PhyME discovers motifs by integrating two important aspects of the motif's significance, overrepresentation and interspecies conservation, into one probabilistic score. The algorithm is based on multiple alignment and expectation-maximization.

If you use this software for your publications, please read and cite:

  • S. Sinha, "PhyME: a software tool for finding motifs in sets of orthologous sequences", Methods Mol. Biol., vol. 395 (2007) 309-18. Pubmed 17993682.
  • S. Sinha, M. Blanchette, M. Tompa, "PhyME: a probabilistic algorithm for finding motifs in sets of orthologous sequences", BMC Bioinformatics, vol. 5 (2004) 170. Pubmed 15511292.
Projection: A motif discovery program based on random projections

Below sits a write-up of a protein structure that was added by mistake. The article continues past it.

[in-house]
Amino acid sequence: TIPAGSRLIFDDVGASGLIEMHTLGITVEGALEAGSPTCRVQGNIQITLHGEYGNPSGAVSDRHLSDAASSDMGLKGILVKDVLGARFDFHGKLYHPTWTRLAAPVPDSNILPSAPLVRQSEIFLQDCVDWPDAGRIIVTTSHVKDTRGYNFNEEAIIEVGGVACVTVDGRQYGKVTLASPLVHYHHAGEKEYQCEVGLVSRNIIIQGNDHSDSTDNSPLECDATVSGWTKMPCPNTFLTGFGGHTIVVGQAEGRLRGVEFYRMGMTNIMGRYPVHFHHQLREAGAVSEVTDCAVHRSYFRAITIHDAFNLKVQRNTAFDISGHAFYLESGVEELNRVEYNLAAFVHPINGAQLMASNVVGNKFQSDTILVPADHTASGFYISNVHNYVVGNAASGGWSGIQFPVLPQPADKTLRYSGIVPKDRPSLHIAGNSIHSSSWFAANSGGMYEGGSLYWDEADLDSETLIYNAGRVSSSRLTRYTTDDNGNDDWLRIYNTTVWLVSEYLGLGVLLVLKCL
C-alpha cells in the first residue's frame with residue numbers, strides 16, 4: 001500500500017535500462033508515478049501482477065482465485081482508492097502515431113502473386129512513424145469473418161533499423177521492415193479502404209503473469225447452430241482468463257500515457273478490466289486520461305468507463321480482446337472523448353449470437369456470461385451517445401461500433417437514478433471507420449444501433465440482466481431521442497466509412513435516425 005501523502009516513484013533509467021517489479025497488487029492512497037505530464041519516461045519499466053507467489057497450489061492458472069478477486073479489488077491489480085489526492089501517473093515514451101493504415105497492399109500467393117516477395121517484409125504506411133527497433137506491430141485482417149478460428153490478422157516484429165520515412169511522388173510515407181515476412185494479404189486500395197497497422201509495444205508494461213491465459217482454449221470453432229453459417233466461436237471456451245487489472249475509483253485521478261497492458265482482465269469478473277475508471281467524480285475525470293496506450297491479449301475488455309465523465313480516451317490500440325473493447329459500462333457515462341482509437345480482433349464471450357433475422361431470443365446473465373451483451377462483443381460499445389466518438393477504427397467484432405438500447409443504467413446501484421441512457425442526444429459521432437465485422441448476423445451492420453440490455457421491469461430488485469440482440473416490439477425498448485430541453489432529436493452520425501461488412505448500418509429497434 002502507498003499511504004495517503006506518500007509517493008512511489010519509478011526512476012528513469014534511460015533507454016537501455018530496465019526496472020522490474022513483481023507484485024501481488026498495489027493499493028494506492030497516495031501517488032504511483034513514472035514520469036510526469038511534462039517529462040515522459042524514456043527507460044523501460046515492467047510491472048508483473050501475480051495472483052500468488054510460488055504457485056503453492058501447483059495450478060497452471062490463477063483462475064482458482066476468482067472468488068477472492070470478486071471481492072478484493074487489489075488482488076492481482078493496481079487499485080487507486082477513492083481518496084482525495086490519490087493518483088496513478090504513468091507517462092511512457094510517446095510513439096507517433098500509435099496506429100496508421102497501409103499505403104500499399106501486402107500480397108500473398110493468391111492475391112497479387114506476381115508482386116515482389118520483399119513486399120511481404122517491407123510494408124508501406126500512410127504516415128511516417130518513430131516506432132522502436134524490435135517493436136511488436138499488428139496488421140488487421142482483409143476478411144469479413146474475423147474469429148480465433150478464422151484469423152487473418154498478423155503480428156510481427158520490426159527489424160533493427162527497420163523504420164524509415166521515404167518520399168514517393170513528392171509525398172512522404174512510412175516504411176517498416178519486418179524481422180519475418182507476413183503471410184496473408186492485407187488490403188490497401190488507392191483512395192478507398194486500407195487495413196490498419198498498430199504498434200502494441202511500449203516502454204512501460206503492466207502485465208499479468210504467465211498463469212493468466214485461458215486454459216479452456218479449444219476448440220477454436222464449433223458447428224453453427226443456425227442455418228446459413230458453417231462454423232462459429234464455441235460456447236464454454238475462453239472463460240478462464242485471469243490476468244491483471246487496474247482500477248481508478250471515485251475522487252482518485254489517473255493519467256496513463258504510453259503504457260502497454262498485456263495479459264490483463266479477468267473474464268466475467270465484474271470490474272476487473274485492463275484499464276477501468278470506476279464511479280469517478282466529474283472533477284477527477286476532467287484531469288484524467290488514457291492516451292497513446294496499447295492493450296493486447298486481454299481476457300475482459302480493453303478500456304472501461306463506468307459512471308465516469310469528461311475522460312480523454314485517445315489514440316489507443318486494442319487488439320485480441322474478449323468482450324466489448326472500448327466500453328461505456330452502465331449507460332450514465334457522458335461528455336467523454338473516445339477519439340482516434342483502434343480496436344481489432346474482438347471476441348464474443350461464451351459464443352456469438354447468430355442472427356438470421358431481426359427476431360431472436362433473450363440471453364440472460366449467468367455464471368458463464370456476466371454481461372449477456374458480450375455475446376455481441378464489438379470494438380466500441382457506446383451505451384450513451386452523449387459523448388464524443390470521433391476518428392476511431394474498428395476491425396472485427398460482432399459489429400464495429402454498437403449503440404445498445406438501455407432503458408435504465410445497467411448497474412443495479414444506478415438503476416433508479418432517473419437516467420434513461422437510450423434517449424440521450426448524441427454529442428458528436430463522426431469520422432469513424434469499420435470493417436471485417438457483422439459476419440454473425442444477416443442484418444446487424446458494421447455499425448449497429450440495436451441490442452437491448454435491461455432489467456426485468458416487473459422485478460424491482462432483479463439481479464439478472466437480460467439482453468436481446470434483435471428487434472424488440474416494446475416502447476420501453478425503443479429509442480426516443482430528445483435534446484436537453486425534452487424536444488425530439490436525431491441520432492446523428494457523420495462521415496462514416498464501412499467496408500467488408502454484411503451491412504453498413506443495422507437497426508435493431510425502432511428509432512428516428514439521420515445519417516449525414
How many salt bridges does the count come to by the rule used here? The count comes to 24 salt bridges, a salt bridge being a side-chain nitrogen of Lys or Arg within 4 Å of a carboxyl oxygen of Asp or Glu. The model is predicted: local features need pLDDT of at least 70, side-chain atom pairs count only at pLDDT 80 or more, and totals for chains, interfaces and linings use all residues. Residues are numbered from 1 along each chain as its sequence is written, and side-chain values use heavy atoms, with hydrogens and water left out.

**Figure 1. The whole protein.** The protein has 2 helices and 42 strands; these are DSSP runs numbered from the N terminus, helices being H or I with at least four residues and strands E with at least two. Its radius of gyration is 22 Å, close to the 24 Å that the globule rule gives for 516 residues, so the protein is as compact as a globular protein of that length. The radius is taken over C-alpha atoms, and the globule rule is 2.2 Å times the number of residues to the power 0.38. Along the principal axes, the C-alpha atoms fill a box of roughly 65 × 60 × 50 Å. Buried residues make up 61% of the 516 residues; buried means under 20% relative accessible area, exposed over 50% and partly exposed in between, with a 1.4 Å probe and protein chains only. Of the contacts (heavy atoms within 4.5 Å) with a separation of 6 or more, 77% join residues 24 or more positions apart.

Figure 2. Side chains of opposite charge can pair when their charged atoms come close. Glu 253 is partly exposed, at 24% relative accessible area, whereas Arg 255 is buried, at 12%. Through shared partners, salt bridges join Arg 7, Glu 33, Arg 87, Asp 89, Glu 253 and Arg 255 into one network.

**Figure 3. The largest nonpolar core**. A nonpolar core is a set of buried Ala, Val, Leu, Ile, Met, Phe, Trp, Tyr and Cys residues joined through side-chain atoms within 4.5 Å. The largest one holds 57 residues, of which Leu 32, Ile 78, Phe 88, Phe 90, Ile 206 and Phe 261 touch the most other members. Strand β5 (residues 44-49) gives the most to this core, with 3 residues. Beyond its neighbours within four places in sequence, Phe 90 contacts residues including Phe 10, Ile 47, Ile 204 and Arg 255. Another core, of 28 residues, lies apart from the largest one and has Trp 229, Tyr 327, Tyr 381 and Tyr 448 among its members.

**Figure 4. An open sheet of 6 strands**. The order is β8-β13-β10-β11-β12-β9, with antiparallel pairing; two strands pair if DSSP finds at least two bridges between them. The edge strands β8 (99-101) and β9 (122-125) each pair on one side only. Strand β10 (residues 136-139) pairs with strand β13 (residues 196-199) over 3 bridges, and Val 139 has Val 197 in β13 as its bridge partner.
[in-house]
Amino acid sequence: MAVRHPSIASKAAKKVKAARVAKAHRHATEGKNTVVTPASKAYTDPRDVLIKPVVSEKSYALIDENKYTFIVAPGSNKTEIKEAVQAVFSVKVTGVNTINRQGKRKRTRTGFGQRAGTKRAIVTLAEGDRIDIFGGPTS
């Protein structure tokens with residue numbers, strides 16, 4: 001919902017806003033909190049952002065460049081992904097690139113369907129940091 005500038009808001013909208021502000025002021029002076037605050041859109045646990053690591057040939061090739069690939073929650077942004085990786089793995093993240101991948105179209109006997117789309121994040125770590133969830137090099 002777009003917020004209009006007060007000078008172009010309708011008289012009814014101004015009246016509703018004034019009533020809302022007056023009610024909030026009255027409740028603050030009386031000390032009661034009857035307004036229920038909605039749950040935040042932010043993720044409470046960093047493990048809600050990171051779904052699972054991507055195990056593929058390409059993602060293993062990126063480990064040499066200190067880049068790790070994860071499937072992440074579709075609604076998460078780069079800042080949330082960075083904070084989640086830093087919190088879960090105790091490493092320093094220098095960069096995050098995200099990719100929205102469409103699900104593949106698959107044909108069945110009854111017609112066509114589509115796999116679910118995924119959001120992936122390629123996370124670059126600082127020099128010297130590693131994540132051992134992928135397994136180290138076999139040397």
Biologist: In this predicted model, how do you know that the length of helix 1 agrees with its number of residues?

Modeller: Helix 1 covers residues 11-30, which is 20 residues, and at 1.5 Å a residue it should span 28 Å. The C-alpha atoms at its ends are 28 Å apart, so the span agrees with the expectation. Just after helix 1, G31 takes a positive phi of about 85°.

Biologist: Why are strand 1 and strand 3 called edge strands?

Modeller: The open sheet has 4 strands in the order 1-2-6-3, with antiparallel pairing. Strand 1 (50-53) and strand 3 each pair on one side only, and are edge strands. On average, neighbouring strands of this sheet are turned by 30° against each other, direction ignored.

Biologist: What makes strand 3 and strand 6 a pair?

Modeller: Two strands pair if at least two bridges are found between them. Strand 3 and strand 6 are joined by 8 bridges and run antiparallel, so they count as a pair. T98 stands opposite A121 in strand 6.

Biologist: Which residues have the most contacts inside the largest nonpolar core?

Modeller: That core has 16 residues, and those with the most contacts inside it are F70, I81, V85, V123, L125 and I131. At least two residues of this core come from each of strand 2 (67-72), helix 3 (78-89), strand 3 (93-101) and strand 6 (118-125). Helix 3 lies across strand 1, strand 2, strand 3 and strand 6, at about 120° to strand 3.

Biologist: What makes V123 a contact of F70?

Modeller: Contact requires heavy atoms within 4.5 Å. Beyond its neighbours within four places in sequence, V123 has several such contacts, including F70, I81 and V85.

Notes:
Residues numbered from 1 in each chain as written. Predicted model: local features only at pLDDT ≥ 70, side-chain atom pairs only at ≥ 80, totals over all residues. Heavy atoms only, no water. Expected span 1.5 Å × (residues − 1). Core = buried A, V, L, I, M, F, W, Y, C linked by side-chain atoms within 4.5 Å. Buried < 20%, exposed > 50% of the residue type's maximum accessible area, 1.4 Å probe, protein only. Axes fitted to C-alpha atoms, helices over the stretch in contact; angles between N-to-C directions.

If you use this software for your publications, please read and cite:

  • J. Buhler, "Provably sensitive indexing strategies for biosequence similarity search", J. Comput. Biol., vol. 10 (2003) 399-417. Pubmed 13677335.   Supplement.
  • J. Buhler, M. Tompa, "Finding motifs using random projections", J. Comput. Biol., vol. 9 (2002) 225-42. Pubmed 12015879.   Supplement.
YMF and FindExplanators: An enumerative motif discovery program
YMF identifies motifs (made of IUPAC symbols) that occur unusually often in a given set of sequences. FindExplanators extracts from that set of motifs a smaller set of independent motifs.

If you use this software for your publications, please read and cite:

  • M. Blanchette, S. Sinha, "Separating real motifs from their artifacts", Bioinformatics, vol. 17 Suppl 1 (2001) S30-8. Pubmed 11472990.   Supplement.
  • S. Sinha, M. Tompa, "A statistical method for finding transcription factor binding sites", Proc Int Conf Intell Syst Mol Biol, vol. 8 (2000) 344-54. Pubmed 10977095.   Supplement.
  • S. Sinha, M. Tompa, "Discovery of novel transcription factor binding sites by statistical overrepresentation", Nucleic Acids Res., vol. 30 (2002) 5549-60. Pubmed 12490723.   Supplement.